Japan's latest supermodel--a robot

Designed to look like an average Japanese woman, an awkward girlbot named HRP-4C will make its catwalk debut at a Tokyo fashion show.

HRP-4C
The new Japanese humanoid robot HRP-4C displays a range of emotions (good luck discerning what they are) during a press conference in suburban Tokyo this week. Naturally, plenty of paparazzi were on hand. AFP Photo/Yoshikazu Tsuno

She doesn't have the grace of a Cindy Crawford or Elle MacPherson (yet), but a few struts on the catwalk may help HRP-4C loosen up and hit her stride. The walking, talking girlbot will be getting practice soon, as she's set to make her catwalk debut at a Tokyo fashion show next week.

Scientists from Japan's National Institute of Advanced Industrial Science and Technology reportedly designed the 5-foot (ish), dark-haired creation to look like an average Japanese woman between the ages of 19 and 29. Unlike the average Japanese woman, however, HRP-4C has 30 motors in her body that allow her to walk and move its arms (somewhat loudly and awkwardly, if the video below is any indication) and 8 facial motors for blinking, smiling, and expressing emotions akin to anger and surprise.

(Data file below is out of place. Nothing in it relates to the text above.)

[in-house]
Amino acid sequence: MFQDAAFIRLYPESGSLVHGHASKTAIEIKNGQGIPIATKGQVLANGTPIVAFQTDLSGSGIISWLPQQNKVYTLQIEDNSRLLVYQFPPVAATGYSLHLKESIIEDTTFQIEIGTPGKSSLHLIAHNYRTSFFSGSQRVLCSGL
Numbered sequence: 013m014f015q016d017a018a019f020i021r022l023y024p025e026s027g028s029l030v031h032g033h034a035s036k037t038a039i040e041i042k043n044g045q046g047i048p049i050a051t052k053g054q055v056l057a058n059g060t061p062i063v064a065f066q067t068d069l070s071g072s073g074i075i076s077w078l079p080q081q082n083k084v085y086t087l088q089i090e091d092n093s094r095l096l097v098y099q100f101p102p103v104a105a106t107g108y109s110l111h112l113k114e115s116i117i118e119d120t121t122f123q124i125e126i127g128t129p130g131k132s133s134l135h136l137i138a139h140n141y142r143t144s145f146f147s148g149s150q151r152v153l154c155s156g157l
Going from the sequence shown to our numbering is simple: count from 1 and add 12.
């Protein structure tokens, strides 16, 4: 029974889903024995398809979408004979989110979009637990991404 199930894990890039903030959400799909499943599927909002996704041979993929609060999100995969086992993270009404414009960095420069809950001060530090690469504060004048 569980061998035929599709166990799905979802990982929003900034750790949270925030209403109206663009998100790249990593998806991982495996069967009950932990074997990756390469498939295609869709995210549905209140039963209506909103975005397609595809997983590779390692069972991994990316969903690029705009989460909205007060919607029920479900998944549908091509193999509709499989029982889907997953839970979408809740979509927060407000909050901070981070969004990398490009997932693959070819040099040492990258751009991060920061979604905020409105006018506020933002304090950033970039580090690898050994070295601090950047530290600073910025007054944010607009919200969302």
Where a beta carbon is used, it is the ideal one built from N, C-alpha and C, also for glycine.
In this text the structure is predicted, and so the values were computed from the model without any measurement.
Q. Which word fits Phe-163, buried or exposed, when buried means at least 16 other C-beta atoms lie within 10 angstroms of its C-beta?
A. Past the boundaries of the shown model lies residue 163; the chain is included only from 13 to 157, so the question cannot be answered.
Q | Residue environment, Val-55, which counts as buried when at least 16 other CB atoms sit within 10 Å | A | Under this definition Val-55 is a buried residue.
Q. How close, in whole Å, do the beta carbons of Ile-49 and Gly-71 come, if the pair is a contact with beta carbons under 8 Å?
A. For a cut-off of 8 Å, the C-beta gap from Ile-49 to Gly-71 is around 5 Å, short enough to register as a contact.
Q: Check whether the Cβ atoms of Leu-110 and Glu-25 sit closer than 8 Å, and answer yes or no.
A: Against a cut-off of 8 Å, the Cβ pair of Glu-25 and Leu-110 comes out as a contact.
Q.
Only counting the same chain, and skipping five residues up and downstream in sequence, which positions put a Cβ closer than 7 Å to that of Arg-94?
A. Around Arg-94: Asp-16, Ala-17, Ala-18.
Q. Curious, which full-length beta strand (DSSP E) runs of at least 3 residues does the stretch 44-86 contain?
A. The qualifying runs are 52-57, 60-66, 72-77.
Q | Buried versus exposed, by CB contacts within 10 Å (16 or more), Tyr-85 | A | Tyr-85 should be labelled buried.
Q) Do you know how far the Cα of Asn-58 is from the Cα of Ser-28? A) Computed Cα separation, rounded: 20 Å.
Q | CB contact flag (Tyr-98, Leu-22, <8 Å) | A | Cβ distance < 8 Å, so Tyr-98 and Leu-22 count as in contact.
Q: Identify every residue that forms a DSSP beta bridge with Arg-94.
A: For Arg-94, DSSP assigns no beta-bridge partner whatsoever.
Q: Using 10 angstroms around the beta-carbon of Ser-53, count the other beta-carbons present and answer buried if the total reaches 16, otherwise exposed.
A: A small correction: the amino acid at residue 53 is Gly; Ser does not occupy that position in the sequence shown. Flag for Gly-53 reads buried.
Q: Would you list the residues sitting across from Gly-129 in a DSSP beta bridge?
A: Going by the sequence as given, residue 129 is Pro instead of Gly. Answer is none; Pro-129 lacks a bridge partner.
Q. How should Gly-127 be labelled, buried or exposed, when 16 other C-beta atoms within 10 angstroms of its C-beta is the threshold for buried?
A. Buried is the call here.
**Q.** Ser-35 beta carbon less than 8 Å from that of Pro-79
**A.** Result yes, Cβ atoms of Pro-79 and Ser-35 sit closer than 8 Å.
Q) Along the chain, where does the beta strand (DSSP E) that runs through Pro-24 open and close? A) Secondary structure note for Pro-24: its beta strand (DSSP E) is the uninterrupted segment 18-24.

According to the Associated Press, the robotic framework for the HRP-4C, sans face and other coverings, will sell for about $200,000, and the technology behind it will eventually be made public so people can come up their own moves for the bot.

The government-backed AIST says she's mostly being developed for the entertainment industry--for use in amusement parks, for example, or as an exercise teacher--and is not yet ready to help with daily chores. So unfortunately for those eager to hire HRP-4C as a home or office assistant, for now at least, her main job is to look pretty--or odd, depending on your perspective.

 

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